Sunday, December 18, 2011
The Medical Foster Home Program allows disabled veterans to live in the homes of caregivers, giving them an alternative to nursing home care.
"I put myself in their place, you know. If I had been in the military, it would be nice to have someone that would take care of me," said Milvirdia Thompson, caregiver.
Milvirdia opened up her home to veterans, like 86-year-old Bill Skillman, after considering what veterans have done for our country.
"Thought that since the veterans had done so much for the country, I thought I would try to give something back. My father was retired military and my husband was retired military, so I just felt that at least I can do this," said Milvirdia.
Bill, who is a World War II veteran, had lived on his own for years and never wanted to move into a nursing home. When he heard about the Medical Foster Home Program, he wanted to get in.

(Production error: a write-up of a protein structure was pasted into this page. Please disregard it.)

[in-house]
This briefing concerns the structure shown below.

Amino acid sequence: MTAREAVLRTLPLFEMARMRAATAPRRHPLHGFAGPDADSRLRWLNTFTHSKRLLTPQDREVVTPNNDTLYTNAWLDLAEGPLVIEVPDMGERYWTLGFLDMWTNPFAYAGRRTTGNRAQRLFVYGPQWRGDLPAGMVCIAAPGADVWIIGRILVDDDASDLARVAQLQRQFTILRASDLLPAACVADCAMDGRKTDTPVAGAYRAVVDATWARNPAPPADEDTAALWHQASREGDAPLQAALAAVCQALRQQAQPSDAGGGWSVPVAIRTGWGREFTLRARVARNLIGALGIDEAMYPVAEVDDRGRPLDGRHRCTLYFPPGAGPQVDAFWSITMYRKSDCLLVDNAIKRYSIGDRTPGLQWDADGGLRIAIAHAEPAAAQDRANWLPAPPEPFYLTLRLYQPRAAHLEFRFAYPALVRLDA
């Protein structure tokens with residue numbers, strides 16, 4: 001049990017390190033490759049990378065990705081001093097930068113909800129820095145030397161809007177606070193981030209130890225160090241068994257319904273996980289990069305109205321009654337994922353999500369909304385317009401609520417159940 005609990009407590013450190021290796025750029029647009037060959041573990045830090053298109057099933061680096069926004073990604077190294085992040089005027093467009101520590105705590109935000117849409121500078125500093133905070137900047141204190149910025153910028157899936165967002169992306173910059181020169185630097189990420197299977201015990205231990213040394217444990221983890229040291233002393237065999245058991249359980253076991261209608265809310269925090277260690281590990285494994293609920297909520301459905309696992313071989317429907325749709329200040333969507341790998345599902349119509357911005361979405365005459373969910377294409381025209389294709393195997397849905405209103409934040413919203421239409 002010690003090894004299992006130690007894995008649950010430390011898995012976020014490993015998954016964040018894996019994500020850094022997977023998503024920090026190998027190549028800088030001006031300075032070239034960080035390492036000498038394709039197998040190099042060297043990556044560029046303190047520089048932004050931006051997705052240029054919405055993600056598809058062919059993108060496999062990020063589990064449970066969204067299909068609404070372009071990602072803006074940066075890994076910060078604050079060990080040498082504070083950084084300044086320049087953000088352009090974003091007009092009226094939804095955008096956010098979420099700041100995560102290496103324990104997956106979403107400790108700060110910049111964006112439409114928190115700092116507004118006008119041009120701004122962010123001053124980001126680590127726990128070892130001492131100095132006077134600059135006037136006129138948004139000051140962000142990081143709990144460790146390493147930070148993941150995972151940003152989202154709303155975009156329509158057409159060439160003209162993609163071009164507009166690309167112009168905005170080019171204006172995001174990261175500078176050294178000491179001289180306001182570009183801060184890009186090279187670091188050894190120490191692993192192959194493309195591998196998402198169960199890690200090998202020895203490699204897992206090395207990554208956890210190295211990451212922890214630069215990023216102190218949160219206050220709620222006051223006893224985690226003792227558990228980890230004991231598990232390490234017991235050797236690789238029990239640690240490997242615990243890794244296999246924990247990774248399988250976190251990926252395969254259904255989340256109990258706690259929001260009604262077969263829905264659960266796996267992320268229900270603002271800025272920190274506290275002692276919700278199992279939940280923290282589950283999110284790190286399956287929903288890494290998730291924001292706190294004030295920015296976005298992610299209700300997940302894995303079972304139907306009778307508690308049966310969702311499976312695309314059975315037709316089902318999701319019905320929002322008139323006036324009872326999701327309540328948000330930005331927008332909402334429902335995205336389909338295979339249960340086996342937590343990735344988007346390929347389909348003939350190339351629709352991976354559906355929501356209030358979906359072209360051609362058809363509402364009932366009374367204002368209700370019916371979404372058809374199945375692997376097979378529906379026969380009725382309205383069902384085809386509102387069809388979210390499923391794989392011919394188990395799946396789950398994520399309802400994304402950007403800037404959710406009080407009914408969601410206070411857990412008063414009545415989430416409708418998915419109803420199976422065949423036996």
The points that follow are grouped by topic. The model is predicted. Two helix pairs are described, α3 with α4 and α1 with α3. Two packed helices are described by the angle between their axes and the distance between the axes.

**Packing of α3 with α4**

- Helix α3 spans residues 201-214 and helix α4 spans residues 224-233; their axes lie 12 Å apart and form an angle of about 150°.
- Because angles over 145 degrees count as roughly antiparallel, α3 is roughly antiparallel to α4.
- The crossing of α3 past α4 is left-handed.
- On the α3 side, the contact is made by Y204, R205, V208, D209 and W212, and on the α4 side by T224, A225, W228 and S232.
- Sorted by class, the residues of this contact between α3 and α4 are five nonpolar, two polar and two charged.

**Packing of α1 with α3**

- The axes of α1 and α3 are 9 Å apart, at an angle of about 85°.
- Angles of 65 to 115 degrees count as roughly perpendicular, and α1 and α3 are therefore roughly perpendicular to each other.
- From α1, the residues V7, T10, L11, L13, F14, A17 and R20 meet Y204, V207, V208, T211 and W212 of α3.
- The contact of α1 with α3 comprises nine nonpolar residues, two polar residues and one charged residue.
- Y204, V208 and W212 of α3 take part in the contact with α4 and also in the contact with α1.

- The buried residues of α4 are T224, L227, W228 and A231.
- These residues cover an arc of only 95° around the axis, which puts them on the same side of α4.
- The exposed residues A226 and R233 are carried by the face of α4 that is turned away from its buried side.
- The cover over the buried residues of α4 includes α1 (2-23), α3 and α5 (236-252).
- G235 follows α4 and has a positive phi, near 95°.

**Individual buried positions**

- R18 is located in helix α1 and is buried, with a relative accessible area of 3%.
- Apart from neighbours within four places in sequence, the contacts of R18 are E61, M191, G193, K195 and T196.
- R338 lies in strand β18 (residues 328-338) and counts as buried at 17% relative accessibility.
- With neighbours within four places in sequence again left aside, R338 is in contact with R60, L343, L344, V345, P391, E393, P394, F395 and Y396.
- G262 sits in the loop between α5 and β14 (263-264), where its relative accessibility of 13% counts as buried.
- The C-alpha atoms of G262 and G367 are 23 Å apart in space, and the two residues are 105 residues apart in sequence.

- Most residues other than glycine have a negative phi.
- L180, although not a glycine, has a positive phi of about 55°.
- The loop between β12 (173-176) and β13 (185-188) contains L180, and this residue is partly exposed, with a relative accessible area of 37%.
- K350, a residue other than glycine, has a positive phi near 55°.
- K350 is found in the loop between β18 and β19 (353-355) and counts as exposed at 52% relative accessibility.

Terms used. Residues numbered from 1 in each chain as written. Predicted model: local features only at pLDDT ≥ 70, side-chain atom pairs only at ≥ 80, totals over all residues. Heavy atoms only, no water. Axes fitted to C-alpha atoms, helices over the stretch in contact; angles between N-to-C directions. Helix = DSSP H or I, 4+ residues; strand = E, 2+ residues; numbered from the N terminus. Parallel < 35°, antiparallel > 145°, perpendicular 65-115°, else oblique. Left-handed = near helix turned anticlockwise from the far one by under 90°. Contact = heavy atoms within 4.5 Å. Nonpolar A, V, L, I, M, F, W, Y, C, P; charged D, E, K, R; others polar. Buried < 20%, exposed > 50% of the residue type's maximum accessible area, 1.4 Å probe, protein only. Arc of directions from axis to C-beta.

"The nursing home thing was an alternative I never though about. I would've stayed in my apartment over there at Twin Rivers and just kept going. But this turned up and I hadn't known anything about it and it's just worked out beautifully," said Bill.
Milvirdia takes care of Bill by cooking and cleaning.
"She's just a wonderful person," said Bill.
And Bill keeps Milvirdia company.
"I've always liked cooking and serving people. So, this is like company for me," said Milvirdia.
Now, two complete strangers have built a friendship and a caregiver relationship that both are thankful for this holiday season.
"I'm blessed and I'm thankful to have him here [and] to help the men," said Milvirdia.
Most veterans who choose medical foster homes, require nursing home care but prefer a non-institutional setting.
Veterans pay the caregiver with their own resources and costs $1,500-$3,000 per month, based on the veteran's income and level of care.
As of March 2010, there were 67 VA Medical Centers in 36 states developing Medical Foster Home Programs, including Wichita and Leavenworth/Topeka.
You can learn more about the program by clicking here.